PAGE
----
Solicitors enquiries

In the conveyancing process, the term "enquiries" usually refers to a set of questions that the buyer's solicitor sends to the seller's solicitor. These enquiries are designed to learn more about the property being sold and any potential issues that might affect its value or the buyer's enjoyment of it.

Enquiries typically cover a wide range of issues, and are generally split into two categories:


  1. Pre-contract enquiries: These are specific questions about the property, its condition, its ownership, and any disputes or issues that might affect it. For example, the buyer's solicitor might ask if there are any planning permissions or building regulations associated with the property, if there have been any disputes with neighbours, or if there are any known defects with the property.
  2. Searches: These are formal enquiries made to various authorities and organisations to discover more about the property. They typically include:
    • Local authority searches: These check the local council's records for planning decisions, building control history, and any local issues that could affect the property (like road schemes or tree preservation orders).
    • Water and drainage search: This checks if the property is connected to the local water supply and sewage system.
    • Environmental search: This checks for issues like contamination, flooding, or ground stability that could affect the property.
    • Chancel repair search: This is to find out if the property has a potential liability to contribute towards the cost of repairs to a nearby church.
    • Land Registry searches: These confirm the seller's ownership of the property, and check for any mortgages, liens, or other charges against it.

While the exact questions can vary depending on the specific property and the circumstances of the sale, there are some common enquiries that are frequently asked during the conveyancing process when buying a property in the UK. Here are ten of them:

  1. Title Deeds and Boundaries: Is the seller in possession of the title deeds, and can they confirm the property boundaries as per the Land Registry documents?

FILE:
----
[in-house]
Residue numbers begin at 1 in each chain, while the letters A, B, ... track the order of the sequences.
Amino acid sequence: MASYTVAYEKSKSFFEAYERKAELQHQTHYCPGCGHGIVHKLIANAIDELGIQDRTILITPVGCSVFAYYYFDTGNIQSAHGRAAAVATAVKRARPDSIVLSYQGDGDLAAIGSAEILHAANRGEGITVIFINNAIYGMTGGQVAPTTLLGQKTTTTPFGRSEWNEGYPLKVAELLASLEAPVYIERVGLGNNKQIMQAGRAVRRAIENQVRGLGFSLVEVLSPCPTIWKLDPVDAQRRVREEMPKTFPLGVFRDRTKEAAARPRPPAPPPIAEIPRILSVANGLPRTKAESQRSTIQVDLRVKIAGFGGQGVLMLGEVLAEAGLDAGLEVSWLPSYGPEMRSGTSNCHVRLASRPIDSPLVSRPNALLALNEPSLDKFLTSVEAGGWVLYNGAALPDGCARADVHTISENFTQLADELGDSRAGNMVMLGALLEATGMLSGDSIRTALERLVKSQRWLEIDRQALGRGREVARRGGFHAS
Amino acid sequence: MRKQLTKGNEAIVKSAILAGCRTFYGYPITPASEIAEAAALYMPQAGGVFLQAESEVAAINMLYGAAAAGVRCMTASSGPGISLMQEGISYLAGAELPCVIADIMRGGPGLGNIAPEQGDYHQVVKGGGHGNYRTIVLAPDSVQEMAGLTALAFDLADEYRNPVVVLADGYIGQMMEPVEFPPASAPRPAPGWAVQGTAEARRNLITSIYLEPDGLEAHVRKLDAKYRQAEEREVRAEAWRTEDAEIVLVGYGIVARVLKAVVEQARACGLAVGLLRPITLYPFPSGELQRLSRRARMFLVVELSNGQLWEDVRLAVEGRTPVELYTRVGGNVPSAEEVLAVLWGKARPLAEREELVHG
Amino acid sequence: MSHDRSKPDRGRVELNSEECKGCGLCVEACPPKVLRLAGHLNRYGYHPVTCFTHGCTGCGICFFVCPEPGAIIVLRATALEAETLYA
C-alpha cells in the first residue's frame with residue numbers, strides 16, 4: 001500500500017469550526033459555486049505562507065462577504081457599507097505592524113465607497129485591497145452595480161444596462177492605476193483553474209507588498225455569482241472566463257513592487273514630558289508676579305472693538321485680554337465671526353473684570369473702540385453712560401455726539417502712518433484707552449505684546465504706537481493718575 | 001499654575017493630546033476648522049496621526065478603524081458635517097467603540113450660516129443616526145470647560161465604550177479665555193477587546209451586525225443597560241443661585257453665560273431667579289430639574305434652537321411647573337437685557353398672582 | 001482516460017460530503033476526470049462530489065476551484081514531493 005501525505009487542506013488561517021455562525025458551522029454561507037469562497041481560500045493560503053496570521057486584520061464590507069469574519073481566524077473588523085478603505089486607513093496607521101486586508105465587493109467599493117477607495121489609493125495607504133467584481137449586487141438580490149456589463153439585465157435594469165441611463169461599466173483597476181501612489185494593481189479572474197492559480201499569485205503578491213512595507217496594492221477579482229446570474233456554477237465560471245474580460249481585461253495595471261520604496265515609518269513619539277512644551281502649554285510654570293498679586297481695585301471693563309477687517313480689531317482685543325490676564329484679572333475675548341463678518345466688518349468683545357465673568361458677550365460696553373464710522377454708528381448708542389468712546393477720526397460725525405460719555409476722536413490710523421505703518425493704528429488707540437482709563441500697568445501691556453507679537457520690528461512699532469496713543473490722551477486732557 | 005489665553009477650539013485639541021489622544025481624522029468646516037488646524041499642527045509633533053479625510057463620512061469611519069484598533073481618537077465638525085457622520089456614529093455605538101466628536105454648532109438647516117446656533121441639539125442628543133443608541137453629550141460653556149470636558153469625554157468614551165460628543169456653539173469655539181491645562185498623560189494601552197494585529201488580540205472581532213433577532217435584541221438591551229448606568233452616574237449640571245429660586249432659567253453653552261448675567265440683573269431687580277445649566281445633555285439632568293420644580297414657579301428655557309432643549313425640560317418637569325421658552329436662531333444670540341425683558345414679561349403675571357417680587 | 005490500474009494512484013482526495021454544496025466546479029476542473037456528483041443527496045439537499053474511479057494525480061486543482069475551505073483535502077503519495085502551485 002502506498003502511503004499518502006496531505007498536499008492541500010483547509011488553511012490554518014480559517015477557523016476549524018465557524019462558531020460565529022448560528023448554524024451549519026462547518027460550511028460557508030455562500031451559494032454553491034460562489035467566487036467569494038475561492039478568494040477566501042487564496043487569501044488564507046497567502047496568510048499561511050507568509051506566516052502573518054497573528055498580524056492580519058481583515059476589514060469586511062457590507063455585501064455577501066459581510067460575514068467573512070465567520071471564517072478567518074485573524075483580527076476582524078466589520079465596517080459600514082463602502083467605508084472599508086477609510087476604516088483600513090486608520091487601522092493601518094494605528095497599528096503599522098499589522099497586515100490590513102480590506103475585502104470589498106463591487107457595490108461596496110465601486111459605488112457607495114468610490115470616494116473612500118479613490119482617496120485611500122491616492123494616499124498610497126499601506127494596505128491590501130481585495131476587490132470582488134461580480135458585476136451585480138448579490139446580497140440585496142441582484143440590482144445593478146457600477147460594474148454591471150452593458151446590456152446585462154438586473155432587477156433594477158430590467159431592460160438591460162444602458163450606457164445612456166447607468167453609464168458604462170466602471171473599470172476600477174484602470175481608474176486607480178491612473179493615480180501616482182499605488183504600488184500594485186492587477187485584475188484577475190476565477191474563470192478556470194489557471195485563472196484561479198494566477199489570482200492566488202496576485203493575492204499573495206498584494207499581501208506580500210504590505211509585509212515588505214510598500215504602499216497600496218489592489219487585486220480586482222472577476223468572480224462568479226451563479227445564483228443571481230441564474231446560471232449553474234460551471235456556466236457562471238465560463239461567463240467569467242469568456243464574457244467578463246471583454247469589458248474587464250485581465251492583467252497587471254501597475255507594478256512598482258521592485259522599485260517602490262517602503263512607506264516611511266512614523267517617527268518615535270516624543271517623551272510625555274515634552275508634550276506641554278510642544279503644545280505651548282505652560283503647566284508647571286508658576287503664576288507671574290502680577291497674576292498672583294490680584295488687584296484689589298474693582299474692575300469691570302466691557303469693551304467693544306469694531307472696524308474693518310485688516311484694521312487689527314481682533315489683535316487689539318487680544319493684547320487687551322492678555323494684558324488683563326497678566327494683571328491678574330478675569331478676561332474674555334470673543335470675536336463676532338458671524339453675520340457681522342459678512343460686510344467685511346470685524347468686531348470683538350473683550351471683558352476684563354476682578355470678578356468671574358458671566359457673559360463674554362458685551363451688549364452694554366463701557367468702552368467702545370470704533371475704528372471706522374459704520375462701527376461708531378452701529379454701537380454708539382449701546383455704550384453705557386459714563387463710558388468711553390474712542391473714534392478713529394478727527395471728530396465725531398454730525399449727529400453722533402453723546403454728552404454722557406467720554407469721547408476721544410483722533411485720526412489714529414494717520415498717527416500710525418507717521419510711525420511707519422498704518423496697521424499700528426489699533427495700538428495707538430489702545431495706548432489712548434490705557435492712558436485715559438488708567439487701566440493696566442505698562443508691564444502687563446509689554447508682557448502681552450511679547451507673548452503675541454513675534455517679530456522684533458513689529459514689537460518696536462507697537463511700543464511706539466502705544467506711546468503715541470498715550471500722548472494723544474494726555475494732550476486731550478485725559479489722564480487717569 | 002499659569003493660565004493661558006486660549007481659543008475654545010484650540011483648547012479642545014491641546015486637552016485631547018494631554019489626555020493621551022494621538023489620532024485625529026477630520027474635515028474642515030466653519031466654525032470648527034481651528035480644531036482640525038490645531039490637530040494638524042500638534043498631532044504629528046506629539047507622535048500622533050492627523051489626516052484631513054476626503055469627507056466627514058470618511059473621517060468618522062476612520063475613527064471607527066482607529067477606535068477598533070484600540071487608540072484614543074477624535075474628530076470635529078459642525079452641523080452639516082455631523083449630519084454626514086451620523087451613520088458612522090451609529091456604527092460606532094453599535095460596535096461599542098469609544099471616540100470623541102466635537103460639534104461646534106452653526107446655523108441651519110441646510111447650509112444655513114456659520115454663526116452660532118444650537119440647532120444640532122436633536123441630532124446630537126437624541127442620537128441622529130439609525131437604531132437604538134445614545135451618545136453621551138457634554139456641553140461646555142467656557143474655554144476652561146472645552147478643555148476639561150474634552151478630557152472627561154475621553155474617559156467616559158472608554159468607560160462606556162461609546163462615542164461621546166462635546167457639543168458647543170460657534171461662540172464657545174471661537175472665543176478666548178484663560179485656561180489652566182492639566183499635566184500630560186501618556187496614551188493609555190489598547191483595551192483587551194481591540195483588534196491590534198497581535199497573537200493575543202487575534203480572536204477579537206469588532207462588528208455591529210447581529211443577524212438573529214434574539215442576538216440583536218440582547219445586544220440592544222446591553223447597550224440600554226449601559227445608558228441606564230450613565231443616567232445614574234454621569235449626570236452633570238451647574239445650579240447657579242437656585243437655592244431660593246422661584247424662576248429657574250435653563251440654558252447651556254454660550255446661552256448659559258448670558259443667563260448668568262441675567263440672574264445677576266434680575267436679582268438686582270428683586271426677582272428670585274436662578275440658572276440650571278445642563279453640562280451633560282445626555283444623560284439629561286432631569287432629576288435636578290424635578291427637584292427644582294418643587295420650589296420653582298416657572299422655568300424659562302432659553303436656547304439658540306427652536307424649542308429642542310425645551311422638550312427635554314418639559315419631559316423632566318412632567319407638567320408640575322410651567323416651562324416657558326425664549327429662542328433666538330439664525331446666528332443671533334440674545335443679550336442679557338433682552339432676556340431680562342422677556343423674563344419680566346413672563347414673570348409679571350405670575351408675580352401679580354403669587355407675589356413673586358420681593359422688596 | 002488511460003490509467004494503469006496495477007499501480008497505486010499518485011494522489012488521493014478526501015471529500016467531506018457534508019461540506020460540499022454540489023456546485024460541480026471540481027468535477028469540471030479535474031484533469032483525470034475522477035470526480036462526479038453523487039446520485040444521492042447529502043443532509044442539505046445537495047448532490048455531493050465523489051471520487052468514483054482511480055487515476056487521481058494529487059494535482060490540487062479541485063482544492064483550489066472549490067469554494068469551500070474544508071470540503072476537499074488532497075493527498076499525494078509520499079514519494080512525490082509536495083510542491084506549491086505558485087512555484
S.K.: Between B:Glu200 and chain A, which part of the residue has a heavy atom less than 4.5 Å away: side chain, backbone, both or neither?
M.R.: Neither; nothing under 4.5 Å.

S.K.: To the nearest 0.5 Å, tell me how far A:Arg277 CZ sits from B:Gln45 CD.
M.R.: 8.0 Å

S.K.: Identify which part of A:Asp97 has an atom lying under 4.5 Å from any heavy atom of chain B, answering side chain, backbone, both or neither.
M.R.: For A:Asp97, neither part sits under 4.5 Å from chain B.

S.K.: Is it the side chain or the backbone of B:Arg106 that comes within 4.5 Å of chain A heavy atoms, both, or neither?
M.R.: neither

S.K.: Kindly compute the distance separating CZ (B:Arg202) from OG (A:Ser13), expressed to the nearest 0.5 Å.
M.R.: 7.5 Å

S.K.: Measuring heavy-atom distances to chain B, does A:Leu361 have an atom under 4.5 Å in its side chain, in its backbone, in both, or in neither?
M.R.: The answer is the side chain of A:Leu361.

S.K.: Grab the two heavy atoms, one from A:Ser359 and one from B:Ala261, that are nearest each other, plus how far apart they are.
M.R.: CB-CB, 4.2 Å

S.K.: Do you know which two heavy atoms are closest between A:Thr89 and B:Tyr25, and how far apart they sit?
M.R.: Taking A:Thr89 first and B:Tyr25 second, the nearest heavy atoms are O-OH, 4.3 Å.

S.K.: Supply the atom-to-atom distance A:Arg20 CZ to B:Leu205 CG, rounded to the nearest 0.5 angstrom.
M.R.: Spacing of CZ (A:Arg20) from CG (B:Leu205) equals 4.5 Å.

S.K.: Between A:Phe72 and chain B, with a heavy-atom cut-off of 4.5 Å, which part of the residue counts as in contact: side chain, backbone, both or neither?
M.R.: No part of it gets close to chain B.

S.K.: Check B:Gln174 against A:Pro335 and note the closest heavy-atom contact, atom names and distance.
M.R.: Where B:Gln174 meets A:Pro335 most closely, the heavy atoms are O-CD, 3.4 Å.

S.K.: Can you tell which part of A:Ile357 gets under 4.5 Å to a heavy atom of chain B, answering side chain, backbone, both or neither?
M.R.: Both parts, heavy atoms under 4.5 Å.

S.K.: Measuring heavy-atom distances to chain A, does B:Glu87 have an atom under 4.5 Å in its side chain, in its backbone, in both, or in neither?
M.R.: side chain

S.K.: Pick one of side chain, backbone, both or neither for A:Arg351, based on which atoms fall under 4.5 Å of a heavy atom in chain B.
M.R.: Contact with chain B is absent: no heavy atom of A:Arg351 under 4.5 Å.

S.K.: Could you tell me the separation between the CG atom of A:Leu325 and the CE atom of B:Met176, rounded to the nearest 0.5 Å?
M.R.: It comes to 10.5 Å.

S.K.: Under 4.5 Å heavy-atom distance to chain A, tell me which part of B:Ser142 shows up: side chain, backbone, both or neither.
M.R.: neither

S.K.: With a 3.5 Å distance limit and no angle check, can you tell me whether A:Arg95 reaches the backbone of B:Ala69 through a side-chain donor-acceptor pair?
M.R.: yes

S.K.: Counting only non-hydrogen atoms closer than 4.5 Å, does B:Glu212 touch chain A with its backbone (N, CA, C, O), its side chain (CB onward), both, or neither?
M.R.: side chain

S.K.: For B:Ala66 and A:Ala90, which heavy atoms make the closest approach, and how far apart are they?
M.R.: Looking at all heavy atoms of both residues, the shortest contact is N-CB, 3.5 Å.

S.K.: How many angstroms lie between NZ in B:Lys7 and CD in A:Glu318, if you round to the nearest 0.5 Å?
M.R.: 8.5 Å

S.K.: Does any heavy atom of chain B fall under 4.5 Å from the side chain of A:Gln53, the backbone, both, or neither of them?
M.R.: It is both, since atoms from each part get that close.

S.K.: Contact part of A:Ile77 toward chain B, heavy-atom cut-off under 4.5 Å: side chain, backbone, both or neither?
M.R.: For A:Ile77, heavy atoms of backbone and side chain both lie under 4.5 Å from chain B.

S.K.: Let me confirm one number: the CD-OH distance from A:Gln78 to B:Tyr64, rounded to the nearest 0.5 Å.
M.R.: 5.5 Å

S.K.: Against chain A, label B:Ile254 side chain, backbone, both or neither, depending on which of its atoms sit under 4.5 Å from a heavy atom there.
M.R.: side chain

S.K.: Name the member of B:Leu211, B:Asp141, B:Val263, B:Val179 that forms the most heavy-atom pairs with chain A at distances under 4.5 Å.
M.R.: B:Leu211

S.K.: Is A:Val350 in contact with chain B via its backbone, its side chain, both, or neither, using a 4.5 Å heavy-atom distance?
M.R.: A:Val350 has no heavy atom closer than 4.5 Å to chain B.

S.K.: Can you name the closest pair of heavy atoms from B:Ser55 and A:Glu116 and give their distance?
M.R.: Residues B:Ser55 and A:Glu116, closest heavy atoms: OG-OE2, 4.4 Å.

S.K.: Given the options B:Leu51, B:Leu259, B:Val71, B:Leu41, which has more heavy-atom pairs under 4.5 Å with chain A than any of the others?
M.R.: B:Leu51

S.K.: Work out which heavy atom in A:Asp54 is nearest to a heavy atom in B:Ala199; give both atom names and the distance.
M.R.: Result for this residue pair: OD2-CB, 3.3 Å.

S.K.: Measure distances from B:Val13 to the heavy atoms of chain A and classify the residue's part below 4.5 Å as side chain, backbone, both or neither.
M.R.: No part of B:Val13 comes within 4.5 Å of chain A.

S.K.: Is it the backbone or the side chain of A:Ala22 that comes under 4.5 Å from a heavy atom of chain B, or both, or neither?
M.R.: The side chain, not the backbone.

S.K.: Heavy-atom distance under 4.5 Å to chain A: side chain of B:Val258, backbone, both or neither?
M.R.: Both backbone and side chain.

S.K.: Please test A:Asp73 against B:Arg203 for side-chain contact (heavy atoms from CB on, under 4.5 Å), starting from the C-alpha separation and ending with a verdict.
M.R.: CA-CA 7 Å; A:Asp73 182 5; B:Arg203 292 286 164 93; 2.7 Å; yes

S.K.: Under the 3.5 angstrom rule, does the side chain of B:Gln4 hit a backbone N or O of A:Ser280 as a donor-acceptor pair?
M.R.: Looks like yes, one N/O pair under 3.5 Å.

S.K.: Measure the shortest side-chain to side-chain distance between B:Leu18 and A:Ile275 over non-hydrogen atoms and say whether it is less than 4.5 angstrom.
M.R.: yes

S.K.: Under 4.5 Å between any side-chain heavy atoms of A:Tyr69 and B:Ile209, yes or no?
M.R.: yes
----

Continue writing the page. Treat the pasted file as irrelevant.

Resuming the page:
2. Disputes and Complaints: Have there been any disputes or complaints regarding the property or its boundaries, or with any neighbours?
  3. Planning Permission and Building Control: Have there been any planning applications regarding the property? If so, was planning permission granted and were building regulations complied with?
  4. Warranties and Guarantees: Are there any warranties or guarantees for the property, especially for any recent building work, and can these be transferred to the new owner?
  5. Utilities and Services: Can the seller provide details about the utilities and services (such as gas, electricity, and water supply) for the property?
  6. Fixtures and Fittings: What fixtures and fittings are included in the sale, and is there a list available?
  7. Council Tax and Energy Performance: What is the property's current council tax band, and is the Energy Performance Certificate available?
  8. Occupiers: Who currently occupies the property, and will the property be vacant on completion of the sale?
  9. Insurance: Has the property been under-insured or has it suffered from any damage such as subsidence, flooding, or fire?
  10. Environmental Risks: Are there any known environmental risks, like radon gas, flood risk, or land contamination?

The enquiries and searches are a crucial part of the conveyancing process because they help to ensure that the buyer knows exactly what they are buying, and that there are no unpleasant surprises after the purchase. The answers to the enquiries can influence the final decision to proceed with the purchase, renegotiate the price, or even withdraw from the sale.

The Upcoming Economic Downturn